On the surface, the “it depends” attitude of many experts about the world after COVID may be dissatisfying. However, as research on forecasting shows, such a dialectical attitude is exactly what distinguishes more accurate forecasters from the rest of the population. Forecasting is hard and predictions are often uncertain and likely wrong. In fact, despite some hopes for the future, it is equally possible that the change after the pandemic will not even be noticeable. Not because changes will not happen, but because people quickly adjust to their immediate circumstances.
The future will tell whether and how the current pandemic has altered our societies. In the meantime, the World after COVID project provides a time-stamped window into experts’ apartments and their minds. As we embrace another pandemic spring, these insights can serve as a reminder that the pandemic may lead not only to worries but also to hopes for the years ahead.
FOR BETTER OR WORSE. . .
that’s not really the biggest question, is it. . . ?
The BIGGER question is
What’s been the greatest take aways
that’s made you list all of the
. . .that’s right,
WHAT SAY YOU?
(That’s what matters most going forward in your World History Book)
Has it been the kind of year that’s had you being more
(fill in the blank)__________________________
It most likely won’t take 50 years of review
T H A T
o u t. . .
Some Coffee Commercial, huh. . . ?
When I saw it this past week
somehow the first thought that came to my mind wasn’t,
“WOW, DO I WANT A CUP OF HOT COFFEE AT THIS VERY MOMENT!”
and then I researched it a little bit
AND THEN I RESEARCHED IT A LITTLE BIT MORE
and saw that it was Charlie Chaplin that actually made the speech
AND SAW THAT IT WAS CHARLIE CHAPLIN THAT ACTUALLY MADE THE SPEECH AS A CHARACTER THAT RESEMBLED HITLER
AND THEN I SAW THAT
“In “The Great Dictator”, Chaplin plays two identical characters – the Jewish Barber and Adenoid Hynkel. Hynkel is a stand-in for Hitler. At the end of the movie, the Barber has replaced Hynkel and delivers the speech we hear in the commercial. Therefore, it’s not Hynkel/Hitler delivering the speech, it’s the Barber. Of course, the speech is really Chaplin’s plea for understanding.”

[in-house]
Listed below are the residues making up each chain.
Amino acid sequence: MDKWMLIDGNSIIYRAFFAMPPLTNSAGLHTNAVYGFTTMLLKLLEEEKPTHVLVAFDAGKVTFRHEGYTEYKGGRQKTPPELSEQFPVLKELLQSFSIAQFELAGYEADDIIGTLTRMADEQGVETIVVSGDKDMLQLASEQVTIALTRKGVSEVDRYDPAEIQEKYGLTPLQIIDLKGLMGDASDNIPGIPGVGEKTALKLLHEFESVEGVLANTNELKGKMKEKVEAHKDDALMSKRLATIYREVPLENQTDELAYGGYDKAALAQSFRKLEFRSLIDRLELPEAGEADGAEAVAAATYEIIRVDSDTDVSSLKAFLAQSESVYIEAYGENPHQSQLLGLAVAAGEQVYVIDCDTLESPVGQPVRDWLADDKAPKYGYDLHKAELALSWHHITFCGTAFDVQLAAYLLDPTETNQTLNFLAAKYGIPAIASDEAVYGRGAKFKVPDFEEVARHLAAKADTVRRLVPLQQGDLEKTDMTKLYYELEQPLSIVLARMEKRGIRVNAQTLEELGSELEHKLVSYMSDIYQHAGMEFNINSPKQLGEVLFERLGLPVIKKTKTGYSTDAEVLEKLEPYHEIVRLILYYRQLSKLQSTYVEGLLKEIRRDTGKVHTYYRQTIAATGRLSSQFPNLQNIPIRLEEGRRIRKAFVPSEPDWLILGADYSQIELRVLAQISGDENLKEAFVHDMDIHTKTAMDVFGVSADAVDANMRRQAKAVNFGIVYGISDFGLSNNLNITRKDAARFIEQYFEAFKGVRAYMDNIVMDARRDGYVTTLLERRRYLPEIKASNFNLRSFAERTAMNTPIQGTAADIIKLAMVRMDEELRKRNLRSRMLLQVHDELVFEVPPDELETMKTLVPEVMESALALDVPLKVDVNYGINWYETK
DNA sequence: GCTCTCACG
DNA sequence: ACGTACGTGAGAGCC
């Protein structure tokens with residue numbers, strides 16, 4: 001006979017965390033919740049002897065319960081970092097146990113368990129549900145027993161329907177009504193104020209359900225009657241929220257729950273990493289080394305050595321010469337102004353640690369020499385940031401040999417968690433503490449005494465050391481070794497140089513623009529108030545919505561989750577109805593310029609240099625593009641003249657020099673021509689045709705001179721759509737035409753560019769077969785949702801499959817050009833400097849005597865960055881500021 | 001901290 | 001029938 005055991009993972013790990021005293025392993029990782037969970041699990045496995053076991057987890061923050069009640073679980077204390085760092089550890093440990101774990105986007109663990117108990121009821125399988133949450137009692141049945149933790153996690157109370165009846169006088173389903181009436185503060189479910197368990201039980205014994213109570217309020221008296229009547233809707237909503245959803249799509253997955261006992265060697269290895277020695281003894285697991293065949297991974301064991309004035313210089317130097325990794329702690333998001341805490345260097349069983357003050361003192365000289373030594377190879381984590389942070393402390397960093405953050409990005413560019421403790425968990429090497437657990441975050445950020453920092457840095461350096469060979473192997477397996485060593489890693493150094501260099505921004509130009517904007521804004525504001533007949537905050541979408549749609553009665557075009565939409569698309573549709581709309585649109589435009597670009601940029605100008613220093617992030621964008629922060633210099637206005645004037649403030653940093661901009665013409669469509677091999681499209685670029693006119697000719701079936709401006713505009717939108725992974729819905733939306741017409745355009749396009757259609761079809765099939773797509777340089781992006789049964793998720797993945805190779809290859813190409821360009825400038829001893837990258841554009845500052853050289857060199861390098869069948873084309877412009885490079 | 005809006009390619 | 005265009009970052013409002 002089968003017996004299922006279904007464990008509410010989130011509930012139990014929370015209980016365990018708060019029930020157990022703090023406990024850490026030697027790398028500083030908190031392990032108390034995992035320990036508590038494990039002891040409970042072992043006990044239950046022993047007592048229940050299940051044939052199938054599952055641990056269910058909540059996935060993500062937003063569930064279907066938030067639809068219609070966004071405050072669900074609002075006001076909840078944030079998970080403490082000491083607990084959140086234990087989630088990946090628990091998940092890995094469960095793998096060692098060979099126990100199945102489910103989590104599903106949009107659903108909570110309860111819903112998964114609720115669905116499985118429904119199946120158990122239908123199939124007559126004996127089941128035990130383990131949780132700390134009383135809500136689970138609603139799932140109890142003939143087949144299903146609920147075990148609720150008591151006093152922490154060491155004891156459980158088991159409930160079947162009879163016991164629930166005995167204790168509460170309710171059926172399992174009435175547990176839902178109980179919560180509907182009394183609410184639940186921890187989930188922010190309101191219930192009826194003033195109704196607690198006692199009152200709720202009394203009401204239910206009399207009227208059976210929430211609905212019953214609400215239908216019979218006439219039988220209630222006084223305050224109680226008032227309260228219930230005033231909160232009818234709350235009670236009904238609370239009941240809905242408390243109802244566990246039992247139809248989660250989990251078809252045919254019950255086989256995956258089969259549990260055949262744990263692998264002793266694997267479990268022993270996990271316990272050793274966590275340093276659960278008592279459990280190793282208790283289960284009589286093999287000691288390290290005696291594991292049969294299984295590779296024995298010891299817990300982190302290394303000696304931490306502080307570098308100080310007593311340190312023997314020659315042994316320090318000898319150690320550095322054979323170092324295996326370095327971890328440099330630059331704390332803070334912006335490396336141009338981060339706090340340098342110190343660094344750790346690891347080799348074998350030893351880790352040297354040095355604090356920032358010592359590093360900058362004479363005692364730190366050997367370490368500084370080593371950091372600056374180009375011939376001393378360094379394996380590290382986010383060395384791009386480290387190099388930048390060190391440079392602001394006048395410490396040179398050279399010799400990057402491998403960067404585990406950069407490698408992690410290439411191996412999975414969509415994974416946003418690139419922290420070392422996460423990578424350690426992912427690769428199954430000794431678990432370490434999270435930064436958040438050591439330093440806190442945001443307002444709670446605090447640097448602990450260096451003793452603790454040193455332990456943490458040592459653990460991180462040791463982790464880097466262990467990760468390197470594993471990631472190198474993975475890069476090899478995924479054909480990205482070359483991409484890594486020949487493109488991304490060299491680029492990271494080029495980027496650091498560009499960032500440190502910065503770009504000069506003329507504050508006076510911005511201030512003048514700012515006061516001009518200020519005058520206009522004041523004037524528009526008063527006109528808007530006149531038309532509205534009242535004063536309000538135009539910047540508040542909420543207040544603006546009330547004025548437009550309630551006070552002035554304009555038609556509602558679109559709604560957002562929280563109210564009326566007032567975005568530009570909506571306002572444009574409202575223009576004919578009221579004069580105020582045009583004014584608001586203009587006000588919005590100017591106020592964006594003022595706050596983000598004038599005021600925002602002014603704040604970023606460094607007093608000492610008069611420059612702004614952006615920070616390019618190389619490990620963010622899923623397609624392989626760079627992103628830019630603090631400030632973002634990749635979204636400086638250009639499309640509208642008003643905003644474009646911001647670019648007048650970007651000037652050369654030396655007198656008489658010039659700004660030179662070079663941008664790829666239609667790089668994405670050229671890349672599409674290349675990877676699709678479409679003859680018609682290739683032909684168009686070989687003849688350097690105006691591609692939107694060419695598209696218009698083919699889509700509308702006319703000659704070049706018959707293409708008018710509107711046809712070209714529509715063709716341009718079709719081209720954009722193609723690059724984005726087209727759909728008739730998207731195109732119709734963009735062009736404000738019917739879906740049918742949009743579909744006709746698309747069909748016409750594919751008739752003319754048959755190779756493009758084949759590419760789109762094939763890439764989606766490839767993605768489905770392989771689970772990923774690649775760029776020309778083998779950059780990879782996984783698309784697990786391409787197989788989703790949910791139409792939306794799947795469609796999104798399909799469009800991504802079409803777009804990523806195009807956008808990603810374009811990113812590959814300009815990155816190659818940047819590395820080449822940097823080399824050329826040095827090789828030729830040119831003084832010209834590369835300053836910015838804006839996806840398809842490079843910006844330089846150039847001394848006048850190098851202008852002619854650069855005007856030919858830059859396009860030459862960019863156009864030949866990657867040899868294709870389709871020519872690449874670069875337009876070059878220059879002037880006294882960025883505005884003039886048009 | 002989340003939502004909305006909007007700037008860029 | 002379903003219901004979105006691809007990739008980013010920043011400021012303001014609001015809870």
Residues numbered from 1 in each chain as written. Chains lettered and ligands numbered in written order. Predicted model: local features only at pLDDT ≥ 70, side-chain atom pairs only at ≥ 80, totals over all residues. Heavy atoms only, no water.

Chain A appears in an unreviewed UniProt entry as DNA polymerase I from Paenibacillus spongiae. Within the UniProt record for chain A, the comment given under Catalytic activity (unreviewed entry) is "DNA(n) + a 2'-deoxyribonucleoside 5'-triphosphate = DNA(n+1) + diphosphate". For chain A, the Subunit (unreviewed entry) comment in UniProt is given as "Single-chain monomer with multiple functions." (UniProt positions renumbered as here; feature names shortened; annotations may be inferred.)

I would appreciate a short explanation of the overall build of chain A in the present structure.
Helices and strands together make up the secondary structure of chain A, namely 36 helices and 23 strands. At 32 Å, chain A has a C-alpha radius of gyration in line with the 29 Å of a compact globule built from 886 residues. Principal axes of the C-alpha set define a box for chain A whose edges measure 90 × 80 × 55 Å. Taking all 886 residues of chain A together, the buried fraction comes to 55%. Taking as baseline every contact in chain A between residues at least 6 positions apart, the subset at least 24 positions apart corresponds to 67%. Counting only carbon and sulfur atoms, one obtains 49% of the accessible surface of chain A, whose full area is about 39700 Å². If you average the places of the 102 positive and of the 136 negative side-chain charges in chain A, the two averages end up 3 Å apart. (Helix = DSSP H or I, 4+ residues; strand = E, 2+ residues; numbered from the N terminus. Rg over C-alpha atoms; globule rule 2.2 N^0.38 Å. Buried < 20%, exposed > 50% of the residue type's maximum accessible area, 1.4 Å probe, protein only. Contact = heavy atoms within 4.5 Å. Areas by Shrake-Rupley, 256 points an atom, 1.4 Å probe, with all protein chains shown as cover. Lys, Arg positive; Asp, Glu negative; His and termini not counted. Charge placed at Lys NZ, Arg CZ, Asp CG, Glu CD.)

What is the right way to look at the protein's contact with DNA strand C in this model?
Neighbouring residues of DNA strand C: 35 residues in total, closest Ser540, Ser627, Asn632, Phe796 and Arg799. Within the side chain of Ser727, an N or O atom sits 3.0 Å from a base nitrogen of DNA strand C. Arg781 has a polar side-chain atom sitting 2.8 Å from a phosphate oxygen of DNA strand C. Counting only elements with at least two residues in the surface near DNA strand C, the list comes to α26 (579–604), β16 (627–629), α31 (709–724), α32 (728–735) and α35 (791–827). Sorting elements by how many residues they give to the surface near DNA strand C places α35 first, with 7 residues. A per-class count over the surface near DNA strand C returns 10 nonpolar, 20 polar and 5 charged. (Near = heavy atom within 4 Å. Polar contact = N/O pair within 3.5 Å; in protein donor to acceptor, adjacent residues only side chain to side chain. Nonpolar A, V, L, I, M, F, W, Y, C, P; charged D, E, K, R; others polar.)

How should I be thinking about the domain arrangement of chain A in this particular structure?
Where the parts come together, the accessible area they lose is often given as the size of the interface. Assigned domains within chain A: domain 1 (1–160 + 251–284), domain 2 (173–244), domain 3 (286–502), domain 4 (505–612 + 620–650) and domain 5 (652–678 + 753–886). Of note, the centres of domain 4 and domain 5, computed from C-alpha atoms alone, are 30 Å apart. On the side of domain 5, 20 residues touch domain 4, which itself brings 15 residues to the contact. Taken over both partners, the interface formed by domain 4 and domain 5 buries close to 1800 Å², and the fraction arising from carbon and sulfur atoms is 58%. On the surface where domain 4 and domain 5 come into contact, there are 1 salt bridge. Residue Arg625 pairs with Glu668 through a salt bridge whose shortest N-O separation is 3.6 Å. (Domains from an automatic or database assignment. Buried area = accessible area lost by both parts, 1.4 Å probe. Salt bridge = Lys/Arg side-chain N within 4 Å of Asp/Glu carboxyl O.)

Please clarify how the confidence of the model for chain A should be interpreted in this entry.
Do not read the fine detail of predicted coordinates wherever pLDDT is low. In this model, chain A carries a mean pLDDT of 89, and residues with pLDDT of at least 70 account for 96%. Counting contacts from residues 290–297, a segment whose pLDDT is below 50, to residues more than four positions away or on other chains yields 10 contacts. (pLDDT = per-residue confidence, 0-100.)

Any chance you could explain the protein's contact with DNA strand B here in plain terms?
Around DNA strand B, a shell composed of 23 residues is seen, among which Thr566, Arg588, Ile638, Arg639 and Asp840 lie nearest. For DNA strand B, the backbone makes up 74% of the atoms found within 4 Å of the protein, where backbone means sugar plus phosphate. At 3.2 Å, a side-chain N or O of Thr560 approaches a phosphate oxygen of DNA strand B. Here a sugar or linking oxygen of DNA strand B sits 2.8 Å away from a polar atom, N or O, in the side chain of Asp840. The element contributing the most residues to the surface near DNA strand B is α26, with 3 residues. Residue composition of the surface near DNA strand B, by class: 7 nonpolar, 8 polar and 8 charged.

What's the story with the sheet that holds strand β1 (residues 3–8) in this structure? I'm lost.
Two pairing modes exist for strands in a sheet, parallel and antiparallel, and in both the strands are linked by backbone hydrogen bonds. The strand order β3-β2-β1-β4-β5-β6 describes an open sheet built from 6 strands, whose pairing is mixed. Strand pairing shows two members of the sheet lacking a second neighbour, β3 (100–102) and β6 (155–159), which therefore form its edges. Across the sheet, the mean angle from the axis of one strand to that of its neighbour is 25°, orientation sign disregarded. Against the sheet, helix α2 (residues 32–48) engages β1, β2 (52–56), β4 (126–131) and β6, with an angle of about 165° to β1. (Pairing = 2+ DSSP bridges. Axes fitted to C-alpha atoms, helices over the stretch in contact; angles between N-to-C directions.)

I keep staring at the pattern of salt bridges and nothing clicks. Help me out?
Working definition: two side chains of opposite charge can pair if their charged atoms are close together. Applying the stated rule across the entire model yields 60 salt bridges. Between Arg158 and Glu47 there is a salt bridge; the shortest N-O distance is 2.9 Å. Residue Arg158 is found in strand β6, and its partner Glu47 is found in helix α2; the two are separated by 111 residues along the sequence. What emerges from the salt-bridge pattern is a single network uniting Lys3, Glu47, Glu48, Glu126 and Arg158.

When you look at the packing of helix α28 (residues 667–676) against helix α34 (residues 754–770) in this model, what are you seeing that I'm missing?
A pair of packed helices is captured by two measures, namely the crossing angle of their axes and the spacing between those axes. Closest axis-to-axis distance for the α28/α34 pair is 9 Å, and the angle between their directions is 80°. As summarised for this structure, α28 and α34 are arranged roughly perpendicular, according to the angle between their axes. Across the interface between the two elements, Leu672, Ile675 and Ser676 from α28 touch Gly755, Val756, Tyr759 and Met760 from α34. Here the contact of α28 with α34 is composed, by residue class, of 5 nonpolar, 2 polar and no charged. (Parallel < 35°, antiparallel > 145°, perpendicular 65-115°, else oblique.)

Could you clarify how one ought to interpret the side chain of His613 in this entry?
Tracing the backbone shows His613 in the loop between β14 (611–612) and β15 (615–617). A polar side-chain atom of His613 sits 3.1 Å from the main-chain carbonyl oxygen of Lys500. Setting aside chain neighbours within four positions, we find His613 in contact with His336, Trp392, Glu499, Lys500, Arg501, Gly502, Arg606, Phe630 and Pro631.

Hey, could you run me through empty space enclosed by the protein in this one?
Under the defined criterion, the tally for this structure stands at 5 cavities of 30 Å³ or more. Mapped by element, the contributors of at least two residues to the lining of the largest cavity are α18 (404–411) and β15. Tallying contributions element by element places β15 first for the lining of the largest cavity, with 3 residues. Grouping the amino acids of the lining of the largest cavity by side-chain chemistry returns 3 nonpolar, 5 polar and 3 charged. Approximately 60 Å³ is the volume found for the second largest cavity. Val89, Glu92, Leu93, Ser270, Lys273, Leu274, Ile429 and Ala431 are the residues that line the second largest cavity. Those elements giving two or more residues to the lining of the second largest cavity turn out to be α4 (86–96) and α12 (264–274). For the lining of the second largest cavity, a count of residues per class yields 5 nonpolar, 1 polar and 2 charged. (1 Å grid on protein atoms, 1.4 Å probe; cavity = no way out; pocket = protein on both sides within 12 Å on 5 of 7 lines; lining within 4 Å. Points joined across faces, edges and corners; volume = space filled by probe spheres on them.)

IT IS WAY MORE THAN JUST
IT IS WAY MORE THAN JUST
HOW YOU SEE THINGS
IT IS JUST THE WAY
(and that may be the toughest way of all to see things)
Without a doubt
. . .our life doesn’t come
(BUT IT DOES HAVE INSTRUCTORS)
or subtitles. . .
the seemingly non-existent subtitles
are ones you can’t read
or are in a foreign language
or much like life
. . .comes at you upside down
When all we really want to do is read
as we are read
We all want to help one another, human beings are like that. We all want to live by each other’s happiness, not by each other’s misery. We don’t want to hate and despise one another. In this world there is room for everyone and the good earth is rich and can provide for everyone. You have the love of humanity in your hearts. You the people have the power to make this life free and beautiful, to make this life a wonderful adventure. Let us fight for a new world, a decent world that will give men a chance to work, that will give you the future and old age and security. Let us fight to free the world, to do away with national barriers, to do away with greed, with hate and intolerance. Let us fight for a world of reason, a world where science and progress will lead to all men’s happiness. Let us all unite!
as we are
. . .but that just might be too much to ask for
TOO MUCH TO
. . .rub your eyes again
b l i n k
(no subtitles necessary)
It’s real easy to feel
over these past few weeks;
there aren’t many that feel the
they did three months ago
six months ago
twelve months ago. . .
IS THAT A GOOD THING?
I have long had to give up one of my favorite things in life:
R U N N I N G